Old Poke Meets Mr. Smooth
Oh, what a long weekend we had. It was 4 consecutive, sunny October days—perfect for riding. Of course, we had our usual vacation disaster, but this time, it had nothing to do with the weather or a high river. I will get to that, later.
Thursday, we had our plans, but they changed suddenly when Kevin invited his friend, Sarah, out to ride Starry. She used to ride him all the time until she moved to Missouri. She was here to visit her family and had a chance to visit Starry, too. Kevin asked if we could all ride together and if he could ride Dante. Of course, Ellen said yes. Kevin has leant us Starry so many times, it was the least she could do to pay him back. He had ridden Dante in the arena for a few minutes last winter, and he has always wanted to try him on the trail. Now, a reminder—Starry’s trot is a killer. You have to post it, and it is not very easy to do at that. Dante’s trot is fantastic. It is incredibly smooth no matter how fast he goes.
Ellen was on Ranger, Sarah was on Starry and I was on Cole, of course. With Ranger in the ride, it wouldn’t be fast. We are respectful of his age. Also, no one is allowed to pass him or he gets mad and tries to go faster than Ellen wants him to. When we trotted, we would allow Ranger to get a head start, and we would try to stay back. Kevin pretty much stayed in the back. Cole knows the rule when we ride Ranger, so he didn’t have any trouble. Starry is a different story, so Sarah had a tougher time. At one point, we let a lot of space between Ranger, and we all got to canter a bit before we caught up. It was a little chaotic, but everyone obediently stopped when we reached Ranger.
We walked all the way home, and that gave us plenty more time to trot. Ranger may not trot as fast as he used to—and he was really fast—but he still has a super speedy walk. I would look back at Kevin trotting to catch up and there was always a big smile on his face as he sat the trot. Dante and Kevin were very happy with each other.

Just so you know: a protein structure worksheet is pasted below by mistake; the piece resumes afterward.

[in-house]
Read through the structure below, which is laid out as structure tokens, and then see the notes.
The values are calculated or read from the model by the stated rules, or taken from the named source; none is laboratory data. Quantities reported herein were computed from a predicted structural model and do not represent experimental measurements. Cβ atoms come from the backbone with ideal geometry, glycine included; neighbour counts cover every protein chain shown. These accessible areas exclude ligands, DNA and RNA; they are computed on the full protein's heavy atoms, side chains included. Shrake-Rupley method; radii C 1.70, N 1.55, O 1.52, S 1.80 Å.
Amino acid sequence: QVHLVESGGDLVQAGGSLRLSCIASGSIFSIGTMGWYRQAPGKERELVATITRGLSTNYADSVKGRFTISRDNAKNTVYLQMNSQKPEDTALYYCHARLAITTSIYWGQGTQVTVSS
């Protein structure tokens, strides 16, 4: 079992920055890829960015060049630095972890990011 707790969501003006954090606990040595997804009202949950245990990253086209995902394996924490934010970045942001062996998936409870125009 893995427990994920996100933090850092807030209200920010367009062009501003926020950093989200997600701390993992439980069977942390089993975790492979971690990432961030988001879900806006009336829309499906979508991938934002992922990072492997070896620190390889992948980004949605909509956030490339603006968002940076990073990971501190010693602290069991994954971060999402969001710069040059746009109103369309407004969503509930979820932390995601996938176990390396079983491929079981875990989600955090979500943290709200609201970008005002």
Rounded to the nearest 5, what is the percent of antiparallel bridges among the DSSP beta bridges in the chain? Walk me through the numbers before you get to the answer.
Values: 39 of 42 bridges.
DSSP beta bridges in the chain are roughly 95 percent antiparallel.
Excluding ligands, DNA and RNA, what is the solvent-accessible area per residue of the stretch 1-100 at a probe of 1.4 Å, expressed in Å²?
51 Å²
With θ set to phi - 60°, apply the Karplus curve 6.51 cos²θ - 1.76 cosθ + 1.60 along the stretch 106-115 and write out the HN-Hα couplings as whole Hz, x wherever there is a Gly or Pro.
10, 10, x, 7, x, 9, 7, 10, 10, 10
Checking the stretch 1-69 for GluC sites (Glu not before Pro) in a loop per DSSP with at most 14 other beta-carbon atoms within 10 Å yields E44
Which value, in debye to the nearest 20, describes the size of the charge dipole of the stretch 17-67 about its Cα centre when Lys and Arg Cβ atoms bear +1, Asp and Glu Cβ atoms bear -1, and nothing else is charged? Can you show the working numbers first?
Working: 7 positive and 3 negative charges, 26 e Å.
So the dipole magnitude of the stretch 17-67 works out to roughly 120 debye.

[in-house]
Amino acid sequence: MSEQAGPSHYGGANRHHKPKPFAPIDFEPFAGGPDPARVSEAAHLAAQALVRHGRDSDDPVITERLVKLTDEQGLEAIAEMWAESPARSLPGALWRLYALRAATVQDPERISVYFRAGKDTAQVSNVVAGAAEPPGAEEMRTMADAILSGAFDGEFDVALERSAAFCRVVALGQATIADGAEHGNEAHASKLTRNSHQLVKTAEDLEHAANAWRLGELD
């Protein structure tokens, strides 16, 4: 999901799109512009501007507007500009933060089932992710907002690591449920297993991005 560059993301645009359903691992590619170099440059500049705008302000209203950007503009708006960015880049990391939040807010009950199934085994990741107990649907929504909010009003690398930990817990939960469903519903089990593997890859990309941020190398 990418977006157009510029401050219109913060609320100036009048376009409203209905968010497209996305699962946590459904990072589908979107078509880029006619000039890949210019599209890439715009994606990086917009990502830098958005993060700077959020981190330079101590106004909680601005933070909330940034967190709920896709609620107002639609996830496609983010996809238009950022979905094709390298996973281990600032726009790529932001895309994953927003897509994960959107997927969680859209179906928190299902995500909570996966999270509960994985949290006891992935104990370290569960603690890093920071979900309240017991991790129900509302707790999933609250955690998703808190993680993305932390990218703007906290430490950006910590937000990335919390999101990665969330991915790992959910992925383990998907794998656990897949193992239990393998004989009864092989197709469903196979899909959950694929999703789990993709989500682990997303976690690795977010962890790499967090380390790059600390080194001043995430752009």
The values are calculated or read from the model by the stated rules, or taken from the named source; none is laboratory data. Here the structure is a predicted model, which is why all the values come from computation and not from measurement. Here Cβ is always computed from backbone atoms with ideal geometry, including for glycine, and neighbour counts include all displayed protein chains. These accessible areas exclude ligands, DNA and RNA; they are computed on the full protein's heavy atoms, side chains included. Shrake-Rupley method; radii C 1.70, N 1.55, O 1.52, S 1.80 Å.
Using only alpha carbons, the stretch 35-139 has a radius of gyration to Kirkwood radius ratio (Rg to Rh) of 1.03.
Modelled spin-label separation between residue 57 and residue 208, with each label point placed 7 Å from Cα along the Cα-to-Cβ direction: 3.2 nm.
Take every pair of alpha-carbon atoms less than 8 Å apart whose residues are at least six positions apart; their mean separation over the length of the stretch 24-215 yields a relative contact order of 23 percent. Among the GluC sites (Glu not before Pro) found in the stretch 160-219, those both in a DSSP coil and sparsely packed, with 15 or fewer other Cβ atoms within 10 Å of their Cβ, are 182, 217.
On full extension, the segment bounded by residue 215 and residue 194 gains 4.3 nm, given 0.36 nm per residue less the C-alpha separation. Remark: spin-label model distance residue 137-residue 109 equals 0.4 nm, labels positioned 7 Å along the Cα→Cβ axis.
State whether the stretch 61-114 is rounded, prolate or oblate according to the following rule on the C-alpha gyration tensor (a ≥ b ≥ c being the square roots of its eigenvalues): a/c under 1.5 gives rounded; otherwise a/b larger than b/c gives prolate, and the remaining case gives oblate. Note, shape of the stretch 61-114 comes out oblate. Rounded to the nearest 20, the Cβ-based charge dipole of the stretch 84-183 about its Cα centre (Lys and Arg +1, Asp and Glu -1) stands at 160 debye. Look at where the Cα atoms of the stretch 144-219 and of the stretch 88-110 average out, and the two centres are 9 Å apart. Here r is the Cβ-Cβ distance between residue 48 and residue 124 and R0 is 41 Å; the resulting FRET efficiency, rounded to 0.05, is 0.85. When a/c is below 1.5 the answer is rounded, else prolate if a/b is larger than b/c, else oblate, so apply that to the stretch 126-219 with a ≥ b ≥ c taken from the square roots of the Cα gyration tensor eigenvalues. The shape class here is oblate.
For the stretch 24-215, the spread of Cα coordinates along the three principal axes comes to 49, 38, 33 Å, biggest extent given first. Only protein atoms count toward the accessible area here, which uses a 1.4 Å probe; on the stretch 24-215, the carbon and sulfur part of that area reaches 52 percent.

Everybody was perfect on the ride and all of us were smiling.
Now, it is time for the disaster. After we got back, we were just standing around, talking. Dante has a weird habit of sticking his mouth through the opening of the bars on his stall where we pour the grain. He rests his upper jaw over the metal covered wood of his stall wall—just behind his incisors. We just ignore him when he does it. Well, he was doing it and something happened and he got stuck and panicked. We still aren’t sure what it was, though Ellen and I saw the whole thing. I did see the board go forward and then he tried pulling back. For a long 5 seconds, he struggled and there was nothing we could do—and then he was free. That was a relief—until we saw the blood pouring out of his mouth. It was awful!
Ellen looked in his mouth, but all we could see was blood, blood and more blood. She got a syringe and filled it up with water and started rinsing it out. It was hard to tell, but most of it seemed to come from his canine tooth on one side. We didn’t know if he cut his gum or damaged the tooth. He didn’t seem upset about it, and when his afternoon hay showed up, he didn’t have any trouble eating it. It still kept bleeding and bleeding but not as profusely as before. We decided that it could wait until the next day when the vet was scheduled to give them shots.
The next day, the vet said the tooth was fine, and it was just a cut on his gum. It finally stopped bleeding, and it didn’t look bad at all. The grain opening of his stall was altered to prevent it from happening again, and all was well in the world.